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New Hard Scudding Process Far Superior to Hobbing, Shaping or Broaching

Impressive a technology as scudding is, the industry took another step forward recently with a new process known as Hard Scudding. The conventional scudding process provides excellent results on green or soft gears, while this new advancement enables the re-machining of hardened gears with a tooth-to-tooth composite error and total composite error in the AGMA 12, DIN 5 range and a surface finish better than 1.5 Ra.

The capital investment is minimal for shops and production departments already doing scudding, because the same gear can be run on the same CNC machine, using a solid carbide tool to do the work.

Recent testing done on various internal automotive powertrain and agricultural machinery ring gears is showing extremely positive results. Stock division calculations on the tooth position are standard technology for GMTA and Profilator, so re-cutting is quick and easy.

Using the latest CNC technology to control the machine kinematics, users are able to transfer this technology to scudding machinery that is already deployed in the field. Thus, the same part can be cut on different machines at different times, allowing for more flexibility in scheduling.

With today's portable programming, onscreen or offline tool path and cutting condition simulation, plus the immediacy of call-up onscreen for all values and tolerances in real time, the busy machine shop or large production department stays flexible and demand responsive, using this hard scudding technology. In some cases, this new technology is applicable on near net, pre-hardened gear blanks, allowing significant step reductions in the manufacturing process.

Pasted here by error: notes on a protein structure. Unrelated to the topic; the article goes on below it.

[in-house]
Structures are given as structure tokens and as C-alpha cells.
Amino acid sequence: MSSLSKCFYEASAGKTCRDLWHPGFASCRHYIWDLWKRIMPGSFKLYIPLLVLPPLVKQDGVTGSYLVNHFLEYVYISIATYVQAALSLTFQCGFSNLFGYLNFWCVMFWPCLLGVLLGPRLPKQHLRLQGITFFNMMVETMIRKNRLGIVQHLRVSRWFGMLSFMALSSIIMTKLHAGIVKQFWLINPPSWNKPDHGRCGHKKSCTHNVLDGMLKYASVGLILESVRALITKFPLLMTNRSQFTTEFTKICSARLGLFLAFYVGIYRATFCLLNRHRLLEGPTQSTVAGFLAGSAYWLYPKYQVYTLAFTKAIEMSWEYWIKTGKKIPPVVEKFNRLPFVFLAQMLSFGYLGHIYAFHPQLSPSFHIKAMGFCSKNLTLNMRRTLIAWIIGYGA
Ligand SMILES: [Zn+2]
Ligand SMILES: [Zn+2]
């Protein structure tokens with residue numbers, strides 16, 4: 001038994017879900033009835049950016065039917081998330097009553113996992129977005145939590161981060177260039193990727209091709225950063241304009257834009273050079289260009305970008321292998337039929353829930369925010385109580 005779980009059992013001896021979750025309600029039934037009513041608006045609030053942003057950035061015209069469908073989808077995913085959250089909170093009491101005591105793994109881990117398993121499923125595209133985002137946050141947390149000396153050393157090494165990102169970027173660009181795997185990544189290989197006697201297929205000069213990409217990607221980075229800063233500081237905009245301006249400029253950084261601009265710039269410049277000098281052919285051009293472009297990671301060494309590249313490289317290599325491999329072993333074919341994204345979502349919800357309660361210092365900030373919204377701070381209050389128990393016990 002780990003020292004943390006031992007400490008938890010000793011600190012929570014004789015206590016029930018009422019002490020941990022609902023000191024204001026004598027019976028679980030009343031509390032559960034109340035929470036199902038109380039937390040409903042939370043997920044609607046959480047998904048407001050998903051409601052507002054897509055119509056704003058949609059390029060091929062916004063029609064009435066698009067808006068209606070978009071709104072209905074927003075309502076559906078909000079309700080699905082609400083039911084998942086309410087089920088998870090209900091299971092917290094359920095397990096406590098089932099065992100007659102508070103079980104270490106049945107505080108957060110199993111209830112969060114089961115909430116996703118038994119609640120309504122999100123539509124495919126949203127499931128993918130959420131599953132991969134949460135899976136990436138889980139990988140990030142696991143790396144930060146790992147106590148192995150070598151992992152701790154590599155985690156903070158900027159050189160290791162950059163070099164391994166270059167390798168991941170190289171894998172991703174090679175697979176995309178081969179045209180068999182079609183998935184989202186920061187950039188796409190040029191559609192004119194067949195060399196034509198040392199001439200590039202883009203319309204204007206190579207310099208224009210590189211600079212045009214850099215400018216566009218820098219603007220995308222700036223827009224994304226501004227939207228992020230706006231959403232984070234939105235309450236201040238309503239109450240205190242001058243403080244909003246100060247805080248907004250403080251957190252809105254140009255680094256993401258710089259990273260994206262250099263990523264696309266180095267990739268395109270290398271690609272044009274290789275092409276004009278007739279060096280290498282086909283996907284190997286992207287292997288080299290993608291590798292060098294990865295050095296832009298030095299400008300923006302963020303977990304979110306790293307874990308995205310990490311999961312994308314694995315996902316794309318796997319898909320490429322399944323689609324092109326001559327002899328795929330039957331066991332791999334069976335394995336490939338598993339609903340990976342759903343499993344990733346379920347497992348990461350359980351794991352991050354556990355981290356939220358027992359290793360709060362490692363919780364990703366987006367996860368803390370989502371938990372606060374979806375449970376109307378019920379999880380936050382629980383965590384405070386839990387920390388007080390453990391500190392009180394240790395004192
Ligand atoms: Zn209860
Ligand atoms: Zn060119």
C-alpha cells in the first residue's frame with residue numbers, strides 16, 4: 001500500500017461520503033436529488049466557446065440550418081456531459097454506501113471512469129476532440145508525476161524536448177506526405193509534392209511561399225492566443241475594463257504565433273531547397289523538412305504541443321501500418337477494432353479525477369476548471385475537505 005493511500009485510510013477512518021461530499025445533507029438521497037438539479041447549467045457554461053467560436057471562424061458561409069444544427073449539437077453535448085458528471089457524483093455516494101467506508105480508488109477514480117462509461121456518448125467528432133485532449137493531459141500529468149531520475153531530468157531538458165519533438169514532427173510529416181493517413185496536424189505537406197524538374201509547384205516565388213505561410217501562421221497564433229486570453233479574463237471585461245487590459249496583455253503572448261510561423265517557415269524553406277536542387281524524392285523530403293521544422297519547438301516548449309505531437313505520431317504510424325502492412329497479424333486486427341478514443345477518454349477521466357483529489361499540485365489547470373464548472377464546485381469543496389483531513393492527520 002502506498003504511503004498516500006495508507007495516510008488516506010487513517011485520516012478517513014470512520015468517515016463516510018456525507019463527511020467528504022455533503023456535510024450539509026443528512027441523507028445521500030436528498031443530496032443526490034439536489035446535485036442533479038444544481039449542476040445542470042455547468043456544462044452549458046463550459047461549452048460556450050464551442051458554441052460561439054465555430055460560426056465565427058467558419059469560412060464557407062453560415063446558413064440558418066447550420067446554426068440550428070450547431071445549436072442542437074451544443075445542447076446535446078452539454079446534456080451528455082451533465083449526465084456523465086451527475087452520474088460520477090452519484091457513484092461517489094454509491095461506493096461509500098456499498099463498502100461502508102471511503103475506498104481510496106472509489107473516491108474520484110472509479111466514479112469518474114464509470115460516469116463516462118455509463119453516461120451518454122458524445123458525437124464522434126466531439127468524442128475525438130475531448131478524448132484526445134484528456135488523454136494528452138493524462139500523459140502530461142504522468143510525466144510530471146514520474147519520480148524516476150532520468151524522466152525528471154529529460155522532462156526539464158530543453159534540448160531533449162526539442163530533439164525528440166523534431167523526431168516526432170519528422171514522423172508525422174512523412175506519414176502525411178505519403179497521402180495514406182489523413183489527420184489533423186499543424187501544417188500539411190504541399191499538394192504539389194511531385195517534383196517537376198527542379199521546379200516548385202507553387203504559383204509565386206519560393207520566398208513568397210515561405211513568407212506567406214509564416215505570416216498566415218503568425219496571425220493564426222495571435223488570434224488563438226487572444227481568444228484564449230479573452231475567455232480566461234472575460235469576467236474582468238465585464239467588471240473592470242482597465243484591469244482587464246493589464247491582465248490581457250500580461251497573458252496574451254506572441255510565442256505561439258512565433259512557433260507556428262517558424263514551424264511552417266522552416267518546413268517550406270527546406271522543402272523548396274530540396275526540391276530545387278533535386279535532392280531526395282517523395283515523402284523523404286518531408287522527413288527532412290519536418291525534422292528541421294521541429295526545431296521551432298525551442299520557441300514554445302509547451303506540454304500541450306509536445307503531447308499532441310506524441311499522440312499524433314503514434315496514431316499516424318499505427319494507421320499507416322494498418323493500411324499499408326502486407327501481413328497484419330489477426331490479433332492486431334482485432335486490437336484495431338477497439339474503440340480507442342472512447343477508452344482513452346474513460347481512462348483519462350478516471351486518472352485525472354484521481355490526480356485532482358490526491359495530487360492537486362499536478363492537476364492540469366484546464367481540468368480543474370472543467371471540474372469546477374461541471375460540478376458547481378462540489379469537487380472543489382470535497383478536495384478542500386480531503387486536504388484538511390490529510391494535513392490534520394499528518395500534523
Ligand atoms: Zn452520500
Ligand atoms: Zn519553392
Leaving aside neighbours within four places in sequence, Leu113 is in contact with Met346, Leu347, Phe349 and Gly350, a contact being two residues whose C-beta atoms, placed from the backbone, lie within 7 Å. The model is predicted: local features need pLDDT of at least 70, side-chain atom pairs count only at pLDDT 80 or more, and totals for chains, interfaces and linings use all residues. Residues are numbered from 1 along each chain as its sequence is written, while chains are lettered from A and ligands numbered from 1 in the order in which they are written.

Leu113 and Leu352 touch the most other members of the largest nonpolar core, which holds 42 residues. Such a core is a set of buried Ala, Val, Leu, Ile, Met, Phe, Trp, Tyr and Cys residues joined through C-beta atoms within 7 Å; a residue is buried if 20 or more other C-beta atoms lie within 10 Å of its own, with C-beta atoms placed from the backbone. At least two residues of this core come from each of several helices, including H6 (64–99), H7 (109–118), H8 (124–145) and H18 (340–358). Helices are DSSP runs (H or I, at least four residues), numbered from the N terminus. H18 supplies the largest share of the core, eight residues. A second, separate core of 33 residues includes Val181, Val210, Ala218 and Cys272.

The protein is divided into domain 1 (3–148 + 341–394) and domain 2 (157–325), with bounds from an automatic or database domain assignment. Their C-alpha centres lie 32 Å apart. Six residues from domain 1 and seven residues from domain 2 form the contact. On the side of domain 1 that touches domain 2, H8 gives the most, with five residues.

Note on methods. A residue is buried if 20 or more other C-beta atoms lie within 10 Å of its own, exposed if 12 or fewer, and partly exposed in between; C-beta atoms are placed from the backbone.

In operation, cutting 60-100 thousandths per flank on a tooth, the hard scudding process can be used on a carburized or through-hardened parts; nitriding generally does not provide enough case depth to ensure sufficient stock for "clean-up."

An automotive ring gear, for example, which requires 40-50 seconds for scudding can be hard scudded in 25-30 seconds. This process development stands as a viable and very cost-effective alternative to conventional grind-and-hone operations, yielding a highly attractive cost per piece and extended tool life scenario. The added benefits of reduced capital outlay and a significantly more consistent end product bode well for the automotive powertrain and other gear market segments.

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